At first, I wrote a letter apologizing but not before I stated my own grievance and hurt. But I quickly realized that it was not an apology – it was a statement of why I was so angry.


Then I wrote the letter again, this time stating that I hadn’t really meant to hurt anyone and that my words were said in jest.


Again, I realized that this was not an apology but an excuse. Little by little I whittled the letter down from two pages to one page to about three quarters of a page.


And in the end I followed the advice of my intellectual and theological hero, Rambam, Moses Maimonides. I made my apology personal, direct and unconditional.


In Hilkhot Teshuvah Rambam’s discussion of repentance, he offers us a template for how to apologize to other people.

There must be several elements in a sincere statement of apology. First, one has to honestly acknowledge what one has done. There can be no attempts to explain or justify why one acted this way or that.


One must say: “This is what I did and I’m truly sorry I acted in this fashion.” They can’t just be words – they have to be honest and heartfelt. Then one must promise not to do whatever it was one has done again.


And finally, one has to offer to make reparations, if that’s possible.


In other words, approaching someone with a generic apology – I’m sorry if I’ve offended you in the past year is not really an apology at all Maimonides point of view. A person has to be to acknowledge the specific act which he or she has committed.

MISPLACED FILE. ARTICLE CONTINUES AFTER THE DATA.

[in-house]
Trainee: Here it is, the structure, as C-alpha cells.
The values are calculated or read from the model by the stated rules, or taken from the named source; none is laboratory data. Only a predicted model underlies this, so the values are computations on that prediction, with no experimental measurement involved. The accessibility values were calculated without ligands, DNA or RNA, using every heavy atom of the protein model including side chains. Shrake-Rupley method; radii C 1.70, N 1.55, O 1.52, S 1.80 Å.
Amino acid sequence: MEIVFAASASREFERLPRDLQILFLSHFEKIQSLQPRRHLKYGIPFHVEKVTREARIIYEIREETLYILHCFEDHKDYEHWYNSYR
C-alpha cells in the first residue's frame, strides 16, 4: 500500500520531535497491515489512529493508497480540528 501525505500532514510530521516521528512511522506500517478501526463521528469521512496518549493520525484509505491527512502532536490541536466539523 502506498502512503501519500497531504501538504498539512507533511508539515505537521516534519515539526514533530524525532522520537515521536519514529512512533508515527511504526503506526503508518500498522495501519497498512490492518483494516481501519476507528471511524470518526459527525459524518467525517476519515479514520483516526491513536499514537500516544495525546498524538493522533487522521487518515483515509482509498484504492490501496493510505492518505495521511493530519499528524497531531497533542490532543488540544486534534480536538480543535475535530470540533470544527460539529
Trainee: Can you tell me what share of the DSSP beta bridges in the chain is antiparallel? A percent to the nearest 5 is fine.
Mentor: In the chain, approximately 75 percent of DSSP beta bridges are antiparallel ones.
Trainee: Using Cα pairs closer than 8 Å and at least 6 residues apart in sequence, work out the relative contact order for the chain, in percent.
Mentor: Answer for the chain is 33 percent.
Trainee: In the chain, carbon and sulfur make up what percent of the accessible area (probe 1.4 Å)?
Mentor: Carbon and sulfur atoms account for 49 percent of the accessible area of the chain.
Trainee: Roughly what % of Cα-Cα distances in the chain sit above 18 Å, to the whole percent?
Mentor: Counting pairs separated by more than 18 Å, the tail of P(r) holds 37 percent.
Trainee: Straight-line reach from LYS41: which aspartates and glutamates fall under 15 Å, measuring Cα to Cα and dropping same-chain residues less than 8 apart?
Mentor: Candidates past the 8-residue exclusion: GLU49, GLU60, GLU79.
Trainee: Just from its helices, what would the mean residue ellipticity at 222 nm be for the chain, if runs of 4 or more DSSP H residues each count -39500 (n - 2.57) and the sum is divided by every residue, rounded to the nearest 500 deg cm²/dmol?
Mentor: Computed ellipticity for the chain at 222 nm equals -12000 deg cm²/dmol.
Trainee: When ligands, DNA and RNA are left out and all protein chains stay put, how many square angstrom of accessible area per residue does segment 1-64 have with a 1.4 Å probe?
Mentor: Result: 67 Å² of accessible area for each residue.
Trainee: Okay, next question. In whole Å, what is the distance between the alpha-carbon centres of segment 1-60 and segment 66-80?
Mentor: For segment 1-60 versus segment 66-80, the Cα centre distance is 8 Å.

The problem is that most of us aren’t even aware that we have offended others; we have either overlooked the offence or we’ve put it out of our mind.

When we speak about Heshbon Hanefesh, then, about giving an accounting of our lives, we are dead serious. We’re supposed to wrack our brain and try to remember those offences we’ve committed in the months that have passed.


There is just no such thing as a generic apology.


I suspect we all have reasons to apologize for something we’ve done in the past year. These acts weigh us down and trouble us whether or not we think about them every day. We have disappointed the people in our lives.


We have regrets that we have never shared with others. We’ve been untrue and unfaithful to the people we are supposed to care about. We’ve been harsh and callous when we should have been attentive and attuned.


Or we might have inadvertently hurt others without even intending to do so.


In ancient Israel the Jewish people were required to bring two types of sacrifices for the infractions they committed.

One is called an Asham, a guilt offering, and the other is called a Hatat, a sin offering for acts inadvertently committed. Just because we didn’t mean to hurt someone doesn’t mean our actions are any less destructive or hurtful.


Finally, I mailed off the letter and things returned more or less to their previous order. Of course – nothing was ever quite the same between all of us – we don’t get over hurt quite so easily.


But I felt that my letter had cleared the air and at least comforted my conscience. It also made me a little more humble.


In retrospect, I have to say that there is at least one thing I should have done differently in making my apology. Looking back I suspect that I took the easy way out by writing a letter, rather than calling the parties involved and speaking to them on the phone and talking to them in person.